Arnold, Kate (1997) Post-conflict behaviour of spectacled Langurs (Trachypithecus obscurus). Masters thesis, Durham University.
Studies of post-conflict behaviour in primates have two aims, 1) to uncover the fundamental mechanisms underlying conflict resolution, 2) to integrate patterns of reconciliation within broad models of socio-ecology. Comparative studies are vital in answering questions related to both of these problems. So far, research has focused mainly on members of the cercopithecine family and the great apes. Hypotheses derived from these studies predict that the "quality" of dyadic relationships, measured according to their value in terms of reproductive fitness, is a good predictor of the tendency to reconcile; and that high conciliatory tendencies are often associated with a high degree of social tolerance. In this study, two groups of spectacled langurs (members of the colobine family) were demonstrated to reconcile at high rates (41.3% and 51.3% of conflicts) and display relatively egalitarian social structures. Highly affiliative dyadic relationships were associated with high conciliatory tendencies. Other variables such as kinship and rank had little effect. In agreement with previous studies concerning highly conciliatory species, former opponents engaged in a specific behaviour (ventro-ventro hugging) during reconciliation which make these reunions highly visible or "explicit". Victims of aggression also contacted uninvolved third parties at high rates, and here too, hugging was demonstrated to occur significantly more often in this context than during control periods. There was some evidence of consolation, the first for any monkey species, where the distribution of hugging following a conflict was examined in one of the groups, although small sample sizes precluded its confirmation.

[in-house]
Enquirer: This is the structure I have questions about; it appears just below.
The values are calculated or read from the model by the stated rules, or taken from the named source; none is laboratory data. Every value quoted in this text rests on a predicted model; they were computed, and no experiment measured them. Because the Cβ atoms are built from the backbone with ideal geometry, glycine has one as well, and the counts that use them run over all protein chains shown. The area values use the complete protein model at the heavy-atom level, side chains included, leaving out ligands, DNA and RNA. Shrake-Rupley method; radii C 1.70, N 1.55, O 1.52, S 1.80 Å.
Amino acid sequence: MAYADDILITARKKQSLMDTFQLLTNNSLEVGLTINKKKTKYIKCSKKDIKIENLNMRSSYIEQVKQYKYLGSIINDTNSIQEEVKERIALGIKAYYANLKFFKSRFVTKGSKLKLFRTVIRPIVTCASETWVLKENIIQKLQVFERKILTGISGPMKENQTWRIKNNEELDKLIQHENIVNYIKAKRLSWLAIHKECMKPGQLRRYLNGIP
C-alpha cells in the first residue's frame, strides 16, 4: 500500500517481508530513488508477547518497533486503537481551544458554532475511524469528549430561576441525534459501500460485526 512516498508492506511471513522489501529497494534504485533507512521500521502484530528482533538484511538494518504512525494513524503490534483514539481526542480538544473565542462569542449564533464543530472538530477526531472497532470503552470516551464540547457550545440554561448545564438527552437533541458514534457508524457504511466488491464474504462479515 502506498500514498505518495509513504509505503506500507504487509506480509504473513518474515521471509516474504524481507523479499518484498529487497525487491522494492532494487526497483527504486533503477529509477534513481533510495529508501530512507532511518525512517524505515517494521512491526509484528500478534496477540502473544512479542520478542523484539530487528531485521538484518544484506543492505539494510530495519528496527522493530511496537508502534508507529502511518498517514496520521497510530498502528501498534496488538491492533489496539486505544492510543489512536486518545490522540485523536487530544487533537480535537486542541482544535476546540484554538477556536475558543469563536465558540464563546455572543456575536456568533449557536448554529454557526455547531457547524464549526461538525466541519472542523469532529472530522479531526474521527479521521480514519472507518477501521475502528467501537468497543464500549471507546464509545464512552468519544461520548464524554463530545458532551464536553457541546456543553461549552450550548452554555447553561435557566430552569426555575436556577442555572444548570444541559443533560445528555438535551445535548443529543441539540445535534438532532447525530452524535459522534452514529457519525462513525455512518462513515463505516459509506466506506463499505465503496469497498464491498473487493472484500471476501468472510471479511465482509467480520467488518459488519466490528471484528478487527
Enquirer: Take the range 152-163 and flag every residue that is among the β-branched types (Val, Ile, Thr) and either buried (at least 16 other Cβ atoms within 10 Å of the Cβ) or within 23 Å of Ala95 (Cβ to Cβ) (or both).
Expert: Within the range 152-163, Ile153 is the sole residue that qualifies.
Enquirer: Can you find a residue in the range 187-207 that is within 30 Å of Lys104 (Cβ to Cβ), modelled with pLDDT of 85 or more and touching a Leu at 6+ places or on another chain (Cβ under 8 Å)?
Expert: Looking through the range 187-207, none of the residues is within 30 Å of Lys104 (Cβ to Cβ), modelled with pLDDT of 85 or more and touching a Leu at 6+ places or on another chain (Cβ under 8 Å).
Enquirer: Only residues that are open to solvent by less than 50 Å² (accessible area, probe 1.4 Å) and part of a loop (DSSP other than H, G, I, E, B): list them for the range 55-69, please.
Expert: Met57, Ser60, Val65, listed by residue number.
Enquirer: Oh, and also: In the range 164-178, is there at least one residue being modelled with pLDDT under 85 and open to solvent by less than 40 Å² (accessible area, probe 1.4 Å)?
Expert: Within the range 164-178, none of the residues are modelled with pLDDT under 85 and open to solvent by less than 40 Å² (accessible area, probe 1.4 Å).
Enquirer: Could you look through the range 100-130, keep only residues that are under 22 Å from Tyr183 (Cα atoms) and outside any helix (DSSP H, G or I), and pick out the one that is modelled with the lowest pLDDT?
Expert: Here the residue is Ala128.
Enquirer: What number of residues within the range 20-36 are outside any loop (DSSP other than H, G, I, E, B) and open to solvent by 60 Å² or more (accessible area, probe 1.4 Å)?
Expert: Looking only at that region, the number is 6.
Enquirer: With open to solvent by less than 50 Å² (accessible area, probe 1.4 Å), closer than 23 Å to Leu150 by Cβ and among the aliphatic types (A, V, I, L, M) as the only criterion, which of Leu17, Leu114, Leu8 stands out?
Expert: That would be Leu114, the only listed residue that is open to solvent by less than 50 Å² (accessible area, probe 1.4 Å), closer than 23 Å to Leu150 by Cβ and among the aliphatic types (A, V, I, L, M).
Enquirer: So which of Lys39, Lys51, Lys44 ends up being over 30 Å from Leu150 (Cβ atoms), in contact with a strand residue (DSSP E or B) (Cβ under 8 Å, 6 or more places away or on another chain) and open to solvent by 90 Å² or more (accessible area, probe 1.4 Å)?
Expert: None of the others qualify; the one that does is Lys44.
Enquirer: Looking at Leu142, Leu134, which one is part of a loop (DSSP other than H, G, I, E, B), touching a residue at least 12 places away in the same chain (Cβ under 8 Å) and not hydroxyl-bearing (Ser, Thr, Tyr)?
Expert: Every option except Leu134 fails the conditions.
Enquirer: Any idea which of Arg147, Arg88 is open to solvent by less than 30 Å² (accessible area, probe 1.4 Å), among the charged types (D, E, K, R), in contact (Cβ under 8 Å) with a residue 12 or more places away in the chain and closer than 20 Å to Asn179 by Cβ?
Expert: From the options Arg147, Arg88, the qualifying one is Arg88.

|Item Type:||Thesis (Masters)|
|Award:||Master of Science|
|Copyright:||Copyright of this thesis is held by the author|
|Deposited On:||24 Oct 2012 15:13|